That’s a question I get asked a lot, and as a mastering engineer, I’m conflicted about what advice to give. The follow-up, “should it be single or multi-band ?” is easier to answer, though.
First of all:
Why would you use a buss compressor over your whole mix anyway ?
This post started out as a comment on The Recording Revolution about buss compression, and Graham’s video from that post (above) gives a good explanation.
He’s pretty clear that you should compress your whole mix, and the truth is that almost all “name” engineers in the pop, rock and indie genres, will slap an SSL or similar buss compressor over the mix as one of the first things they do when setting up a mix.
Simple, right ?
Well… maybe. A great buss compressor used on a great mix will often “glue it together” nicely, as Graham says. It’s a tried and tested technique that has been used on a huge number of hit records.
By the way, just in case you haven’t come across TED Talks already, check out the video above first – it does a great job of explaining the concept, as well as being essential viewing in it’s own right.
But wait – TEDx? What does the “x” stand for ? A TEDx conference is the same thing as the main TED conferences, but smaller, local and independently organised. If you think that means it’s in any way a poor relation though, you couldn’t be more wrong – just look at that line-up !
I was taught these EQ “rules of thumb” when I first started out as a trainee, to help learn the art of mixing - each EQ band influences different qualities of a mix or instrument, and I thought you might find it useful if I shared them.
Later in the post I’ve also embedded another great video by Joe Gilder. Like the one in my using compression post recently, it gives an excellent introduction to the different EQ settings and parameters, plus some great real-world examples of using EQ in Pro Tools, although the ideas are applicable to any DAW.
[Edit - this is an old post - I'm bringing it back to the front page because Joe has just released a great new HD video tutorial called "Understanding EQ". If you find this post useful and would like to check it out, click here.]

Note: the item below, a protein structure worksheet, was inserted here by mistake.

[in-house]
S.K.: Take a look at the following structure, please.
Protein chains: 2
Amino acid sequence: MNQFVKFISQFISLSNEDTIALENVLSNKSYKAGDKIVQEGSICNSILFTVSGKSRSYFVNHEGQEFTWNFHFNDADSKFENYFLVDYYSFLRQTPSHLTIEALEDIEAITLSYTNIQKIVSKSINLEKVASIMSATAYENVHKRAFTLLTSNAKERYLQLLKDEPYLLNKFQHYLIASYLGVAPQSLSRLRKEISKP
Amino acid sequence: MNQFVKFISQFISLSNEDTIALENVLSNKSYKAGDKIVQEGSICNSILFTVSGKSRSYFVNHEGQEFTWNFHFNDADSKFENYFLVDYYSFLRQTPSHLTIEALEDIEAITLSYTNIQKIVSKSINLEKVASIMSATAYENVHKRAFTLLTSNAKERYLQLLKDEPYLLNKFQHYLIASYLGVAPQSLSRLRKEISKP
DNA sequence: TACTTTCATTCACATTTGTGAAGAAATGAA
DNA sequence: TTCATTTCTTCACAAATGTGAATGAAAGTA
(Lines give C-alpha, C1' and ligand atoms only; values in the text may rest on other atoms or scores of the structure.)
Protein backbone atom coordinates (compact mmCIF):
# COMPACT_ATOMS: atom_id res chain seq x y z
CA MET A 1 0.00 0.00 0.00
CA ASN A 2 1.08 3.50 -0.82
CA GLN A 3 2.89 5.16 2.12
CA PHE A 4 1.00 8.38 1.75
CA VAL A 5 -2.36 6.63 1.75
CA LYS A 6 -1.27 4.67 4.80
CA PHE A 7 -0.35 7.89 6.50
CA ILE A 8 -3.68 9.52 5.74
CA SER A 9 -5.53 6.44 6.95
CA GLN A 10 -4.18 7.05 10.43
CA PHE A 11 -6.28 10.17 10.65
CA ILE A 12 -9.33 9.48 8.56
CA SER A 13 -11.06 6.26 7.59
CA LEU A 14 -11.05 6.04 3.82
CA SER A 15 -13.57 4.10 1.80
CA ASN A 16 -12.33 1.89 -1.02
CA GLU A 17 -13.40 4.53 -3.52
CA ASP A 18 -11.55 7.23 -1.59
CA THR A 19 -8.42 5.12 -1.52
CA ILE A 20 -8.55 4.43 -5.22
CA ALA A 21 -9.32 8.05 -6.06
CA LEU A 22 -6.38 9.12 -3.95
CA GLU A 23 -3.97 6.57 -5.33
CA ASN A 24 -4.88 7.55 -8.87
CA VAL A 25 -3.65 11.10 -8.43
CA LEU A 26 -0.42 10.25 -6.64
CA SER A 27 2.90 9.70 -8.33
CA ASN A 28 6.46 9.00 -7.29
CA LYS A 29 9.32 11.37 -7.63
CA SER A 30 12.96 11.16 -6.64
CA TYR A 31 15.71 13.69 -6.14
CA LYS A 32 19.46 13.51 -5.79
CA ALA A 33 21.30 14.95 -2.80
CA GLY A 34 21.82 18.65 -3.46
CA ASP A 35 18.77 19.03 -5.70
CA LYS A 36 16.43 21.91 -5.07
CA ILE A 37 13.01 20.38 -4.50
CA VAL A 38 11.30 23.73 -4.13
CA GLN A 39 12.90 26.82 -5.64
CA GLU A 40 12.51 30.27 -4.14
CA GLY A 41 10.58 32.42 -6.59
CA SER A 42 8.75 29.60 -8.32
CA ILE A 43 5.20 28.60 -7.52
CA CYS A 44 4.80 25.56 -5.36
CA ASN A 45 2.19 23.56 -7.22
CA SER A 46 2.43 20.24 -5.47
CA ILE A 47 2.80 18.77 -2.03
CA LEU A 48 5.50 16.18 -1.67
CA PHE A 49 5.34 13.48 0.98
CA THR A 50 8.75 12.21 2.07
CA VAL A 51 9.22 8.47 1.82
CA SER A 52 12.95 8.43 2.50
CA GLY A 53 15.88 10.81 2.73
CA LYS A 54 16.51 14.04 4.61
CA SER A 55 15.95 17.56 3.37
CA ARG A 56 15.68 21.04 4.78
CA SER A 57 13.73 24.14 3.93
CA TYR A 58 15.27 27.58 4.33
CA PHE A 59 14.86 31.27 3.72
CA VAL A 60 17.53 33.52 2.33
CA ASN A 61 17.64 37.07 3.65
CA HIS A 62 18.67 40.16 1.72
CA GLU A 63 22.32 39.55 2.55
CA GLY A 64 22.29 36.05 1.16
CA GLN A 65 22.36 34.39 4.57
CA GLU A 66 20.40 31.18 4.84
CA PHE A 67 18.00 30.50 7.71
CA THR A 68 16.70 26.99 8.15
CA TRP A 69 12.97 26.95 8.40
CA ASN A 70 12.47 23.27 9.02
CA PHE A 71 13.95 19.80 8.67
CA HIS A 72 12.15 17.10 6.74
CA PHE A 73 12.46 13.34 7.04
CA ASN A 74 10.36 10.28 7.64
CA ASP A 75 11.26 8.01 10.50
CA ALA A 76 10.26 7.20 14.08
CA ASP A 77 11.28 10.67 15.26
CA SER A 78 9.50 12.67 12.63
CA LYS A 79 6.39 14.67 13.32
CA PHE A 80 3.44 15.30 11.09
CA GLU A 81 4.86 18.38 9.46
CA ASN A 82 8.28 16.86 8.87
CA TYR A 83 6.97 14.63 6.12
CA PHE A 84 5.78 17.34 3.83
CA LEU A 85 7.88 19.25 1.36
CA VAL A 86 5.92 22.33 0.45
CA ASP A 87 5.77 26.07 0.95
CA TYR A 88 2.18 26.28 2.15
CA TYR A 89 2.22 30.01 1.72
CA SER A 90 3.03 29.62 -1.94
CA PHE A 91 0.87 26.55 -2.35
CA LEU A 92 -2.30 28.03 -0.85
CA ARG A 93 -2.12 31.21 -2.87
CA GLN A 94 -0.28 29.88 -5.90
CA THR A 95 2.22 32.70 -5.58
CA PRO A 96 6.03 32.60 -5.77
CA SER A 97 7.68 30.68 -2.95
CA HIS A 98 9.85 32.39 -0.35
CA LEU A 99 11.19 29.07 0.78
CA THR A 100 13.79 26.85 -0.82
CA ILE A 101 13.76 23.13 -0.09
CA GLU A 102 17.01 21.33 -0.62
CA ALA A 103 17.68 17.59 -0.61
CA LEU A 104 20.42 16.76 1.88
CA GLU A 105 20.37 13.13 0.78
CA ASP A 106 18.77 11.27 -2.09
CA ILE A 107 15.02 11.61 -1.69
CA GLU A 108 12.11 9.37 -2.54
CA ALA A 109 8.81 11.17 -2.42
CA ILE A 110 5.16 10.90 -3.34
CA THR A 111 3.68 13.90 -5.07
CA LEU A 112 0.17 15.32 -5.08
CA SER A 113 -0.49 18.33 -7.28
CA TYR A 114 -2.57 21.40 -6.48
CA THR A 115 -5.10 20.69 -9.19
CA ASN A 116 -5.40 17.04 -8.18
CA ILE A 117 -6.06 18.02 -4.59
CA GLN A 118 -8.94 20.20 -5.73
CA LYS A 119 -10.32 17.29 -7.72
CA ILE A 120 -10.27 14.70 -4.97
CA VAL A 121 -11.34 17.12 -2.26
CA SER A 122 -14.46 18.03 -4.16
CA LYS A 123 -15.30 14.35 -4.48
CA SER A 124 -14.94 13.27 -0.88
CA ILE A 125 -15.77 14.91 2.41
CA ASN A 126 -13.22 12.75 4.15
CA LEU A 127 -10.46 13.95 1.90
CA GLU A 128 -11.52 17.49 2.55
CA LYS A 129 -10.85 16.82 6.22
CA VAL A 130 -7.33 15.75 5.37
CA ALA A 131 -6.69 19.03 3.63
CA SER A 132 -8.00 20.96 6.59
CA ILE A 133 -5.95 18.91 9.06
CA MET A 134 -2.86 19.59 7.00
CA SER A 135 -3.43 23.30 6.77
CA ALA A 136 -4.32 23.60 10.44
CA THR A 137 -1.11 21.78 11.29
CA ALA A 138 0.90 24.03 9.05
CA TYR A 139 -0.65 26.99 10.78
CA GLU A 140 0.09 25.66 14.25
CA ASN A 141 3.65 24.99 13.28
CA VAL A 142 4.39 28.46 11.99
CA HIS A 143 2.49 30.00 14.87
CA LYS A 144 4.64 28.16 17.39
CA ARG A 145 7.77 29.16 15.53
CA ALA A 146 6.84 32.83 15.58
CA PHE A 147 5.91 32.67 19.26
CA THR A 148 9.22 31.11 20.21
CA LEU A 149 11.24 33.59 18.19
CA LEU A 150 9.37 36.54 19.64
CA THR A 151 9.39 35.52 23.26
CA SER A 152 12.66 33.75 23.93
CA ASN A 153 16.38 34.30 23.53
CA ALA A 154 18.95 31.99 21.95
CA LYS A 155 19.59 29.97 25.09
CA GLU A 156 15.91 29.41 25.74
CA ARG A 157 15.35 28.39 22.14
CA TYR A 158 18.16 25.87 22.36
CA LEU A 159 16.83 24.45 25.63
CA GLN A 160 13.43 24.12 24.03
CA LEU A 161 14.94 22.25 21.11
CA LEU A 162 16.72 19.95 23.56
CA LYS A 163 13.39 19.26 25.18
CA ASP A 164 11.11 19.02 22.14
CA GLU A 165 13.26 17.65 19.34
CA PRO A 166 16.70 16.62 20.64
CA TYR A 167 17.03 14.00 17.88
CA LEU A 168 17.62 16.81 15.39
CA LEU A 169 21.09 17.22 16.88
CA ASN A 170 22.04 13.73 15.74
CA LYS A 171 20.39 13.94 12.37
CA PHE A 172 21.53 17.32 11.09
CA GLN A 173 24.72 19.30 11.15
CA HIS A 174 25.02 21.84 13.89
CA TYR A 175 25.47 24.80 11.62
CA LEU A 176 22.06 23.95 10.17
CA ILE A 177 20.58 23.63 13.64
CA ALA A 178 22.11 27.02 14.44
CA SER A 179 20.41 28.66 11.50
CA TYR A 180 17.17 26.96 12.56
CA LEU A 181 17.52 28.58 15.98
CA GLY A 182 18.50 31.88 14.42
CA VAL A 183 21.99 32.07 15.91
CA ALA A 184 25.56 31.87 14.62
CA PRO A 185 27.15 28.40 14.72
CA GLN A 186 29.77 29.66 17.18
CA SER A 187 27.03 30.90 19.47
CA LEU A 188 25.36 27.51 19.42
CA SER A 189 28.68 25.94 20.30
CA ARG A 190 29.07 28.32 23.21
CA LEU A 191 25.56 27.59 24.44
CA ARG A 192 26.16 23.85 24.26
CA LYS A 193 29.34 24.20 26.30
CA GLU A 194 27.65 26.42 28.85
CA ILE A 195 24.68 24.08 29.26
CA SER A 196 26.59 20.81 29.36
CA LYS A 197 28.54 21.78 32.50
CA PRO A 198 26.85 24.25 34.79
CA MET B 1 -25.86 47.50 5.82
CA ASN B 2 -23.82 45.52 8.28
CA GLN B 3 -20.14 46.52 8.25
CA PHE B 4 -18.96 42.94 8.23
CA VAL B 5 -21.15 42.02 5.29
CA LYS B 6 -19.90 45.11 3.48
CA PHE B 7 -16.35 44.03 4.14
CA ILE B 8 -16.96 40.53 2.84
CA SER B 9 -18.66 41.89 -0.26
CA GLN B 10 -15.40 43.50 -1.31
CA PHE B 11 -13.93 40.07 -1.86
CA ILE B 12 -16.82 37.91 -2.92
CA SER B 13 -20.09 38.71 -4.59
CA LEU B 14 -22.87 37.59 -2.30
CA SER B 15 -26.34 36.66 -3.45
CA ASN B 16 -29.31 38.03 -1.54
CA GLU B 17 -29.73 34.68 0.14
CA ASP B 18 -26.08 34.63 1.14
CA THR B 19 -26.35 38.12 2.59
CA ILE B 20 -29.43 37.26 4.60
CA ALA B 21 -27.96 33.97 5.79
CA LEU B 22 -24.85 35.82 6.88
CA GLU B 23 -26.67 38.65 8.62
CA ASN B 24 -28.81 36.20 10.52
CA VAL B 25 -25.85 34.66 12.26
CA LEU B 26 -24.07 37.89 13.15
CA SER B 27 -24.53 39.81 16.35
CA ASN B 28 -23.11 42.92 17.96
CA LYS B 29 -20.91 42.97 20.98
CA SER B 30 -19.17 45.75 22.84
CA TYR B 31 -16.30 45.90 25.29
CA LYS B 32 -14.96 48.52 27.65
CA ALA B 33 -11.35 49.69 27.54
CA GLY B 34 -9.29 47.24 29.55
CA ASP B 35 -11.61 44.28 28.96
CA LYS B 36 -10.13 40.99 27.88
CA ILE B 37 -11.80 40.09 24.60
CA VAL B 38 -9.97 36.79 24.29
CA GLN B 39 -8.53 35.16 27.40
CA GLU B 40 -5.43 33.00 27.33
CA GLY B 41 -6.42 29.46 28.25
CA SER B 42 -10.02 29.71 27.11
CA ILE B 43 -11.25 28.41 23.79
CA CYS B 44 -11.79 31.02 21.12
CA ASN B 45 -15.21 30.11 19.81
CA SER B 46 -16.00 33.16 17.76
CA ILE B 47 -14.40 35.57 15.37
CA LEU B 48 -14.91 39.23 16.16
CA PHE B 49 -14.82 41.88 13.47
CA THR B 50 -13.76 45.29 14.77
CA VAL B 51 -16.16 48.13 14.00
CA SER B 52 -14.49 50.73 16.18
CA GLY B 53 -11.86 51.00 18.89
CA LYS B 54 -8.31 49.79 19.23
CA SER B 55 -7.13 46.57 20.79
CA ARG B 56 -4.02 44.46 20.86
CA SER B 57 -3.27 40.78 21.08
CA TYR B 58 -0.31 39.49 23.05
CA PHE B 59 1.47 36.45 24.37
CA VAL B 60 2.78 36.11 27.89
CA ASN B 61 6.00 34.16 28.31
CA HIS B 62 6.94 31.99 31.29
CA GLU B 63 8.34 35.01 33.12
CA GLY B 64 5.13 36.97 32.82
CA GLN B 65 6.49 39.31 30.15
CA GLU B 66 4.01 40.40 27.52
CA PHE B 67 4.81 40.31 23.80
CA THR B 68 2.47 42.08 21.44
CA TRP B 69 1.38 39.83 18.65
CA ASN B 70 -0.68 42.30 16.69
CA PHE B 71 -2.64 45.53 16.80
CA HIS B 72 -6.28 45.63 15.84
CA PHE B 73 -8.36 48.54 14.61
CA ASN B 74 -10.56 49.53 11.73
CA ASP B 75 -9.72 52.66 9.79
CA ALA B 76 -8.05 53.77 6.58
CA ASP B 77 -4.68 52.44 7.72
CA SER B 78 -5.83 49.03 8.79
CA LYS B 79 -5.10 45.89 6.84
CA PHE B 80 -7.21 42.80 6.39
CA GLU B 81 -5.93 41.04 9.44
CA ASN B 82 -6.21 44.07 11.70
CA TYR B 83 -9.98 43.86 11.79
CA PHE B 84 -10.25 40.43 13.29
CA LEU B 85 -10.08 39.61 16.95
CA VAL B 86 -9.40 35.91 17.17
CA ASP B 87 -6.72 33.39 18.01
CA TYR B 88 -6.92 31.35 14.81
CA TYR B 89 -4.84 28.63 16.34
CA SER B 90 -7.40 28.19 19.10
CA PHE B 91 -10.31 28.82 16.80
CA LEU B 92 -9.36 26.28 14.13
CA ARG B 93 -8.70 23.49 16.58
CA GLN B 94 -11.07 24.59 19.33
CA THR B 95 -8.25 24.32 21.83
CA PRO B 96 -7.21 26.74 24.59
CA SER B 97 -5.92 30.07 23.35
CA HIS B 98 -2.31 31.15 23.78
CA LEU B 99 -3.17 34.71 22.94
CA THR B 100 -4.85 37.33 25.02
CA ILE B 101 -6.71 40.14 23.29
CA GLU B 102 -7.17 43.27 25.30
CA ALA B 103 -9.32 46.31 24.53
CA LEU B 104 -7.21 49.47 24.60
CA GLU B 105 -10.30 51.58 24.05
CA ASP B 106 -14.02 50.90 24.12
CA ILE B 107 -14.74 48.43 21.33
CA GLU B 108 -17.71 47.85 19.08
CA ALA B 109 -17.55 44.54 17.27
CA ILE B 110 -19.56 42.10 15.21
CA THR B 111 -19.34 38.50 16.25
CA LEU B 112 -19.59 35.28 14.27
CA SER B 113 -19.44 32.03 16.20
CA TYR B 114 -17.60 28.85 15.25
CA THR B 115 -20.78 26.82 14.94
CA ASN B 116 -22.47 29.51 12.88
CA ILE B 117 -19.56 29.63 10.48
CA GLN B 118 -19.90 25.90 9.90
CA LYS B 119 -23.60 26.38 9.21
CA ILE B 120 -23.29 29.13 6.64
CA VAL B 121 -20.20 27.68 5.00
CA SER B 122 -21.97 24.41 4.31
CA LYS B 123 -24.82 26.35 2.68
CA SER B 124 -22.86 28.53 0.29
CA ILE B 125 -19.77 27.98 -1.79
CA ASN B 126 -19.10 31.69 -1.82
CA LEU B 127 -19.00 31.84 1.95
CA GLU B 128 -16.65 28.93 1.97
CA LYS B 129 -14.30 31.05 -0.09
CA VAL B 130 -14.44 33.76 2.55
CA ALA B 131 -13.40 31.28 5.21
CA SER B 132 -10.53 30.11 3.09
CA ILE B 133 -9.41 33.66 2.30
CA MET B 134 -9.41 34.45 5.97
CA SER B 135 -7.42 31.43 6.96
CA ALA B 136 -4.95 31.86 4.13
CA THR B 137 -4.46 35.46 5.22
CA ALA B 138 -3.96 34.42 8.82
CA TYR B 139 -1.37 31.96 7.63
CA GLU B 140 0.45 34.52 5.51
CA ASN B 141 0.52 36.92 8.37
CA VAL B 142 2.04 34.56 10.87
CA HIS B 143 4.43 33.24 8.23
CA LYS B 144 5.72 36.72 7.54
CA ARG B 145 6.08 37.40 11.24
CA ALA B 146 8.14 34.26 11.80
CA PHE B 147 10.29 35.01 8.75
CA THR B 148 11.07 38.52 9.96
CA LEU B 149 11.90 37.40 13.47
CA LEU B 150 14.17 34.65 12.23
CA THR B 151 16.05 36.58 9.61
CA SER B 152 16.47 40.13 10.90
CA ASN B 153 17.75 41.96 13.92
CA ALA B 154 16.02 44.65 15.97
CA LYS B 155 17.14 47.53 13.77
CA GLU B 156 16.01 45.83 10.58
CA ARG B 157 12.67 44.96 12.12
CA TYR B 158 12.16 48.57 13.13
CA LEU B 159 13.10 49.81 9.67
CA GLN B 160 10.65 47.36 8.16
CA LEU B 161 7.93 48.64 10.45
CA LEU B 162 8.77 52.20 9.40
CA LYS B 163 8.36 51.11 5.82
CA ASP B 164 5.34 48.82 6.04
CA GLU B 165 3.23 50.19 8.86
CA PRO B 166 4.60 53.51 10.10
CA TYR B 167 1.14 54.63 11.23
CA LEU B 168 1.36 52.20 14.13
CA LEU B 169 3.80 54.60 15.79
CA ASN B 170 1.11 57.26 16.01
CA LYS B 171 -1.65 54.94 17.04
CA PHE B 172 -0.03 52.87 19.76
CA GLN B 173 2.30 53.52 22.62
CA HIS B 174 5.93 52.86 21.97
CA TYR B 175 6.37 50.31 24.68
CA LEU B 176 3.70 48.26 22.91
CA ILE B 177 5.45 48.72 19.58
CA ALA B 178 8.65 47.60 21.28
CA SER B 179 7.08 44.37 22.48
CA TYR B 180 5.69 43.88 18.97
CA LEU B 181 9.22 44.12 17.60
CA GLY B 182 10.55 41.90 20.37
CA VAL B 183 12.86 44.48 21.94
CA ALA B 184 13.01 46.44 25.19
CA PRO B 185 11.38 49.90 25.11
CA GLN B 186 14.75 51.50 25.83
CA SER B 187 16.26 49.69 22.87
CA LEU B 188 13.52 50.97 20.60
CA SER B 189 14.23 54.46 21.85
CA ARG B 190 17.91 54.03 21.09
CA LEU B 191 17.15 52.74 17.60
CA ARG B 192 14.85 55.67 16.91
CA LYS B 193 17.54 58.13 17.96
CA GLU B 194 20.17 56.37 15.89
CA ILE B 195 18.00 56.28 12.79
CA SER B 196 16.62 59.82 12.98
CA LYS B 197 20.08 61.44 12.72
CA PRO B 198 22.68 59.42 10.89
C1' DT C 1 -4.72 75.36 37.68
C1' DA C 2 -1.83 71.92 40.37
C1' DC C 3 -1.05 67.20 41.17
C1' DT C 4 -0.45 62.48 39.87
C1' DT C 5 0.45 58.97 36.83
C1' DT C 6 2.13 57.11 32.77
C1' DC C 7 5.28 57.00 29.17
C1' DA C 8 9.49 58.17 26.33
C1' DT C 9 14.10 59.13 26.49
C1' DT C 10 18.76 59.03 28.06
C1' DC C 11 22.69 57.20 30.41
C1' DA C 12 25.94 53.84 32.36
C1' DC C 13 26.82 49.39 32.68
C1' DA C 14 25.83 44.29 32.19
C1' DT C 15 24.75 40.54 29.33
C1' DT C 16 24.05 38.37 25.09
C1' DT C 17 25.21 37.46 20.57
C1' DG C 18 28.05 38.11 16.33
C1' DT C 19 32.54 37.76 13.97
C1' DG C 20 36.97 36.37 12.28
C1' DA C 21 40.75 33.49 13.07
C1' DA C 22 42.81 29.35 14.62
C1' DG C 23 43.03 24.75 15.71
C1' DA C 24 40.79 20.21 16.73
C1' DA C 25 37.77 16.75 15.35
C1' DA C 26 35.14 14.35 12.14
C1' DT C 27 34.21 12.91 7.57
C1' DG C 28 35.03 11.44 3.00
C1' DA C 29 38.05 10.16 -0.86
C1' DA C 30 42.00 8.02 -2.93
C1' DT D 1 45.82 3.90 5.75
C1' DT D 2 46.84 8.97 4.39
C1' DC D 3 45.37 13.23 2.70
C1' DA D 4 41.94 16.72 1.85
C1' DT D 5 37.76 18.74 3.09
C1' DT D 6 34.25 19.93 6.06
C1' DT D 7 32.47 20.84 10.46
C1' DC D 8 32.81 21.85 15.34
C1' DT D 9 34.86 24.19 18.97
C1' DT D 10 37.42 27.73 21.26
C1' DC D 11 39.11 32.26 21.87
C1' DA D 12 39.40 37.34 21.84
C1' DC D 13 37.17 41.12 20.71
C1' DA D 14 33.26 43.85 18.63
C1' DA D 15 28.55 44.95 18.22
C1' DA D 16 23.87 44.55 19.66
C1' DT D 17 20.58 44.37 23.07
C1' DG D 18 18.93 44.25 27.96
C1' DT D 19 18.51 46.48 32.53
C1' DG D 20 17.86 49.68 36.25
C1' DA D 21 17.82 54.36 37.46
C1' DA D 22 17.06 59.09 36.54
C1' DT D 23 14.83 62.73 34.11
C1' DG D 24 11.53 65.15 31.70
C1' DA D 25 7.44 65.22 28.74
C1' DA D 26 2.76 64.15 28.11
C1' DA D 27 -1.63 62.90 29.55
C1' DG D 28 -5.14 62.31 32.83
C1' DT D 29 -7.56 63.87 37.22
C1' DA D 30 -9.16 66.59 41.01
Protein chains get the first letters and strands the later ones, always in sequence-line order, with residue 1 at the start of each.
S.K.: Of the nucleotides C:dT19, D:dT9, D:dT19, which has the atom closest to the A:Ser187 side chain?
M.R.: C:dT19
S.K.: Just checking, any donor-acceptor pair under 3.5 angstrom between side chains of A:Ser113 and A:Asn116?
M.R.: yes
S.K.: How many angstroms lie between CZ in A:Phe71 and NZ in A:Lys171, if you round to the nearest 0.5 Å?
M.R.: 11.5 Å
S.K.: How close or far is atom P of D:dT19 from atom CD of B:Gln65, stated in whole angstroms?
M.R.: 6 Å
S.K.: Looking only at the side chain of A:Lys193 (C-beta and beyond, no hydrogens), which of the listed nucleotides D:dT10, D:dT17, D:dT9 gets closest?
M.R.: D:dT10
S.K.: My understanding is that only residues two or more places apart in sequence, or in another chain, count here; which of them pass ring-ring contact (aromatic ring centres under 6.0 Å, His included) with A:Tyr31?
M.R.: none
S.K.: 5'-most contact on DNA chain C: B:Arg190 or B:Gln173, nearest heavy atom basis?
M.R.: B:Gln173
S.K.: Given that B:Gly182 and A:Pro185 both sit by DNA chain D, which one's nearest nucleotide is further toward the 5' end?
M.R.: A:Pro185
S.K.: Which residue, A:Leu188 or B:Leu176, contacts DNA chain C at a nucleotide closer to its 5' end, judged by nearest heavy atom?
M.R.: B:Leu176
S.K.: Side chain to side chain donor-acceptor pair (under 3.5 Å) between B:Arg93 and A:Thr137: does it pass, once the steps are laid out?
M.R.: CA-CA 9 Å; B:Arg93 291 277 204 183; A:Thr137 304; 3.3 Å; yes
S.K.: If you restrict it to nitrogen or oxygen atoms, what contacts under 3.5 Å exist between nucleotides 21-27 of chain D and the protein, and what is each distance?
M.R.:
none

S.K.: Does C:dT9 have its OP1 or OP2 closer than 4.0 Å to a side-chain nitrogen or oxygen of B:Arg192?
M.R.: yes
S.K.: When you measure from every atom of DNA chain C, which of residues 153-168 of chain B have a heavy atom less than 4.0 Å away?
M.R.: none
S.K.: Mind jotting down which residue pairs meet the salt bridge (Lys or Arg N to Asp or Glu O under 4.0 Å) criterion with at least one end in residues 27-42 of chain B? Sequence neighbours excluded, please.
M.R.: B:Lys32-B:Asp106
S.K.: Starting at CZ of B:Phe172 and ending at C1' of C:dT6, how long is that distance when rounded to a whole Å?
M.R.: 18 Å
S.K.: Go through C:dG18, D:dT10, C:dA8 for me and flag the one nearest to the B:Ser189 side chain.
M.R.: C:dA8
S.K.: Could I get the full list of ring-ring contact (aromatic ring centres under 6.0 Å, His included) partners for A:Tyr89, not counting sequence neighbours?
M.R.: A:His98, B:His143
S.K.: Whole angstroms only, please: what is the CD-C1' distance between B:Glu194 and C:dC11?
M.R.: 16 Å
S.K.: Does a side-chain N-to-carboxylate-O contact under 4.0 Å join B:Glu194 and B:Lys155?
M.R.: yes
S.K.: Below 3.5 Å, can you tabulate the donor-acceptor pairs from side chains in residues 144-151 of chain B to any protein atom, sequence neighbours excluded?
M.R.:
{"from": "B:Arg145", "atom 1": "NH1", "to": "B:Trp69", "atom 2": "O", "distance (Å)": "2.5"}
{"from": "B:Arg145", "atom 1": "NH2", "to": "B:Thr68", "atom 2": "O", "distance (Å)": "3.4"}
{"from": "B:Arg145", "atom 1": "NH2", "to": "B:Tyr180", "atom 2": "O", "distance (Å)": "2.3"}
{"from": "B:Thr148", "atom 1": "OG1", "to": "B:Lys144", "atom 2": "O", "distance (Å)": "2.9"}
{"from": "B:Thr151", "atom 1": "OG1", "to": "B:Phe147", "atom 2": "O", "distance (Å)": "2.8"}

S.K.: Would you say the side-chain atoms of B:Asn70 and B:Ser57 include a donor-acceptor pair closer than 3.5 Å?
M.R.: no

Before we get to the tweaks, I want to stress that these are just ideas, guidelines and starting points. Always remember the golden rule of EQ:
Balance is everything
You can’t just add a load of 100Hz and expect your bass to sound rich – the key is to get each area balanced with every other, so that all the instruments complement each other, and don’t fight. This may even mean cutting out some frequencies to stop them clashing with other instruments – you can probably lose everything below 1kHz on a hi-hat mic, for example.
Balancing the mids – roughly 200 Hz to 2 kHz – is particularly important, since the 2K area is the most sensitive region of the ear, and getting the mid-range right is essential for things to sound warm, natural and real.
People loved this when I posted it on Twitter, and I thought it was well worth putting it up here, too.
If you think you put loads of effort into your recording and mixing – watch this, and think again ! Brings new meaning to the phrase “playing the studio”. No extra commentary is needed from me, I don’t want to spoil the fun – enjoy.
This is an enjoyable short film about the making of Amon Tobin’s excellent Foley Room – a great album which you may already know about. If not, I strongly recommend it.
I talk a lot about classic albums, recording live instruments and ¨real, natural sound¨ on Production Advice, mainly because in this time of virtual instruments and laptop recording studios I think it’s becoming something of a lost art that needs highlighting.
BUT I have always had a passion for electronic and dance music – Jean Michel Jarre’s ‘Oxygene’ was the second tape ever played in my Sanyo personal cassette player (I couldn’t afford a Walkman !) and it would be hard to overstate the importance of Orbital in my music collection – to pick just two examples.
(What was the first tape ever played in my Walkman ? It’s too embarrassing to reveal in public, but ask me on Twitter and I’ll DM you the answer :-p )